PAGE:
Navigation
Download the AMN app for your mobile device today - FREE!
  •  

Florida man digs up WWII-era land mine

Jeff Emlet, 37, of Vero Beach, uncovered what local officials said was a land mine on a stretch of beach off Reef Road, which was an area used during WWII to practice for D-Day invasions of Normandy, France. (Photo: CONTRIBUTED PHOTOS FROM JEFF EMLET/TNS)

When a treasure hunter’s metal detector signaled to something in the shoreline south of Vero Beach, he was hopeful he’d discovered a historic relic — maybe a cannonball.

Jeff Emlet, 37, soon learned he was digging up a land mine with his bare hands.

“I dropped my metal detector and ran back and told everybody to get … away,” said Emlet after discovering the object at 1:54 p.m. Tuesday.

Emlet said he struck it with the digger he was using so he used his hands to uncover the rest.

Born and raised in Vero Beach, he said he goes treasure hunting about “every other day.”

- ADVERTISEMENT -

“It’s just a hobby,” Emlet said.

Indian River County Sheriff’s Office officials called in Patrick Air Force Base explosive ordnance experts to remove the object, after fire officials confirmed it was a land mine.

Emlet found the corroded, rusty ordnance buried along the beach in the 600 block of Reef Road off State Road A1A.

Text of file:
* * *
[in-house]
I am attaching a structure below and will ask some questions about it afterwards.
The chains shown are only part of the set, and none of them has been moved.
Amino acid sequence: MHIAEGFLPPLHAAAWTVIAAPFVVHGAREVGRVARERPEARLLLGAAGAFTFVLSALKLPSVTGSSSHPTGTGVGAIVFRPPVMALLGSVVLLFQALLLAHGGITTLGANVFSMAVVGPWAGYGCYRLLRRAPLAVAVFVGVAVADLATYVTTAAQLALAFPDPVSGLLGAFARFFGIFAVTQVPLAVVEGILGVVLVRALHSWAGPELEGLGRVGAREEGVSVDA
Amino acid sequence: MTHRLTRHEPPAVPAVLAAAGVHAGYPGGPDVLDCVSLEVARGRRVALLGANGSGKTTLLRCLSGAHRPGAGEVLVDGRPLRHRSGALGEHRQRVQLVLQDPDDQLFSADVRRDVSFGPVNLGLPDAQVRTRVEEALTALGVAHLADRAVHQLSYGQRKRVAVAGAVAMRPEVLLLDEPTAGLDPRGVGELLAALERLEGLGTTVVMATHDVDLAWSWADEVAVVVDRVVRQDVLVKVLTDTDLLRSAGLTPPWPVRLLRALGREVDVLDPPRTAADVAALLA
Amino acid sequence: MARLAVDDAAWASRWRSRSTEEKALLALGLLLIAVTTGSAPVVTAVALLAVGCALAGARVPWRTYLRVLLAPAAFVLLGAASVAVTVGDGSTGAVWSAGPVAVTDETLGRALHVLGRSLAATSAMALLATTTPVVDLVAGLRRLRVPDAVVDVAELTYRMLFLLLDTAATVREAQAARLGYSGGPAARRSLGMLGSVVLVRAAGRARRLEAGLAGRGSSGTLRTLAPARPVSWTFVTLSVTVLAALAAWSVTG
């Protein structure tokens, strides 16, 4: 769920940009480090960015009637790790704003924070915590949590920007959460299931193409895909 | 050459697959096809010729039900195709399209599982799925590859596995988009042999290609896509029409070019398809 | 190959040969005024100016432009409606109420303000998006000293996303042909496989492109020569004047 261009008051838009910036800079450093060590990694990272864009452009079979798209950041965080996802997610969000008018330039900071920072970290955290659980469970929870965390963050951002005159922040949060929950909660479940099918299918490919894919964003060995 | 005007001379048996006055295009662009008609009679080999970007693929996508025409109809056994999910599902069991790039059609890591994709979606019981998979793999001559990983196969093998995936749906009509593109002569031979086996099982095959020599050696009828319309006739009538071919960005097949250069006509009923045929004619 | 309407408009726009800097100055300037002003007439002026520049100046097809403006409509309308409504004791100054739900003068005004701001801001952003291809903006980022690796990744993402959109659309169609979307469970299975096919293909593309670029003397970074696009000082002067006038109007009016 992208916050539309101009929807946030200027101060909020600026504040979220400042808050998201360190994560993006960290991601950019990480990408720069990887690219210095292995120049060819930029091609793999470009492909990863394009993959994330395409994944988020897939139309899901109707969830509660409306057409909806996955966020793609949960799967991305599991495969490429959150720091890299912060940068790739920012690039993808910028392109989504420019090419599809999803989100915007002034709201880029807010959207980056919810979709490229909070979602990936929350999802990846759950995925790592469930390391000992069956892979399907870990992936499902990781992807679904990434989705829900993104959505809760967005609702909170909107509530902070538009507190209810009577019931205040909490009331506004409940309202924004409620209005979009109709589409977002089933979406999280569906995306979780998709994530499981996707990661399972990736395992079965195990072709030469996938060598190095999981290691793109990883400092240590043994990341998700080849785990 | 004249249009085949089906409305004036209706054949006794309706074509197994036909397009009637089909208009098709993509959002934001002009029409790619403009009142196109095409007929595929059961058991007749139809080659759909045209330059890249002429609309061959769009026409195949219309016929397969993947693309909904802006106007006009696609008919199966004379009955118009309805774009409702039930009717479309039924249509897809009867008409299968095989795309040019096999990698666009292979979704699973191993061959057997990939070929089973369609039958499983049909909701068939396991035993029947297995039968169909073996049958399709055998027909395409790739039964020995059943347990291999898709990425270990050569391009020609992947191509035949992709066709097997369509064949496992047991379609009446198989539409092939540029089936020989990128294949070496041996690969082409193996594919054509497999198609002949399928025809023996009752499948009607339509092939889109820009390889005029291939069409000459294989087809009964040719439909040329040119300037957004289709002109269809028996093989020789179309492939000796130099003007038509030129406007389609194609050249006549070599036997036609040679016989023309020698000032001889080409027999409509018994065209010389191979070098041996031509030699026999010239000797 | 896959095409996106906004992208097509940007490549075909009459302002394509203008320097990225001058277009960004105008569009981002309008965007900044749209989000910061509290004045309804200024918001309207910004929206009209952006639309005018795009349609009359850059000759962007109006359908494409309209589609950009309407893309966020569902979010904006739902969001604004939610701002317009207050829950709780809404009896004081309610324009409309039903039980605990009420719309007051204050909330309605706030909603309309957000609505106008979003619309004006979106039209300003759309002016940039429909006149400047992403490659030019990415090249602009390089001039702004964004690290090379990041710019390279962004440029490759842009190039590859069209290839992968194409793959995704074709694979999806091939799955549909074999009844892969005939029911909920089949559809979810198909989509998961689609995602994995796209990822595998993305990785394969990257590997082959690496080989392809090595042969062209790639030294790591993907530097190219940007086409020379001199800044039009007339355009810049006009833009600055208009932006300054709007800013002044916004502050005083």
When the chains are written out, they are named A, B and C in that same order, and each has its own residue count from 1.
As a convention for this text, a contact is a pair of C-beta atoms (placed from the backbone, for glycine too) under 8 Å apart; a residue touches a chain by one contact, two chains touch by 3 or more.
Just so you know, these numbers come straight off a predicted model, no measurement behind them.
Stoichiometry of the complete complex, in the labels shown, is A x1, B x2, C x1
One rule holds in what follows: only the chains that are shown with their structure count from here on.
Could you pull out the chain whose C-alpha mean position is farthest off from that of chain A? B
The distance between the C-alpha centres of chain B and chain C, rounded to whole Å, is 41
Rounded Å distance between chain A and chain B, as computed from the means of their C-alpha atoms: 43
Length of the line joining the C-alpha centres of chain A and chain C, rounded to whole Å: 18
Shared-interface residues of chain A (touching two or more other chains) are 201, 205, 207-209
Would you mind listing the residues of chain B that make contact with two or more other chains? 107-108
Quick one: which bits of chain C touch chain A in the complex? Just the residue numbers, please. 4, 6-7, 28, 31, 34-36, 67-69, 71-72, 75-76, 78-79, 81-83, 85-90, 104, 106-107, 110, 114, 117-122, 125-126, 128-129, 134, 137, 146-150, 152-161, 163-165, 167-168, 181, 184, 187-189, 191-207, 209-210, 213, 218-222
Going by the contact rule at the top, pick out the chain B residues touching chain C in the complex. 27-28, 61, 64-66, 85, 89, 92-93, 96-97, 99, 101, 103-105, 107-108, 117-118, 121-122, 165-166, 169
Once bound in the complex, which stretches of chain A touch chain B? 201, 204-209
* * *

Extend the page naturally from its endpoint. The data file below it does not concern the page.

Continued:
There have been several instances where a WWII-era ordnance has been found on Treasure Coast shoreline. Several of those have been land mines.

That area is less than 2 ½ miles north of Round Island Beach Park, which served as a WWII Training Area called Fort Pierce Naval Amphibious Training Base — a 19,000-acre area of shoreline active from 1943 to 1946.

The shoreline where Emlet was Tuesday served as the “Naval Demolition Research Area” just above the “Naval Combat Demolition Unit Area,” according to the Army Corps of Engineers.

A stretch of shoreline from Vero Beach to Jensen Beach was used as training ground leading up to the D-Day beach invasions at Normandy, France.

The Army Corps of Engineers, which had personnel scouring shoreline for ordnance-like objects in 2019, advises anyone who finds an ordnance to “leave the area immediately” and report it by calling 911.

___

© 2020 The Florida Times-Union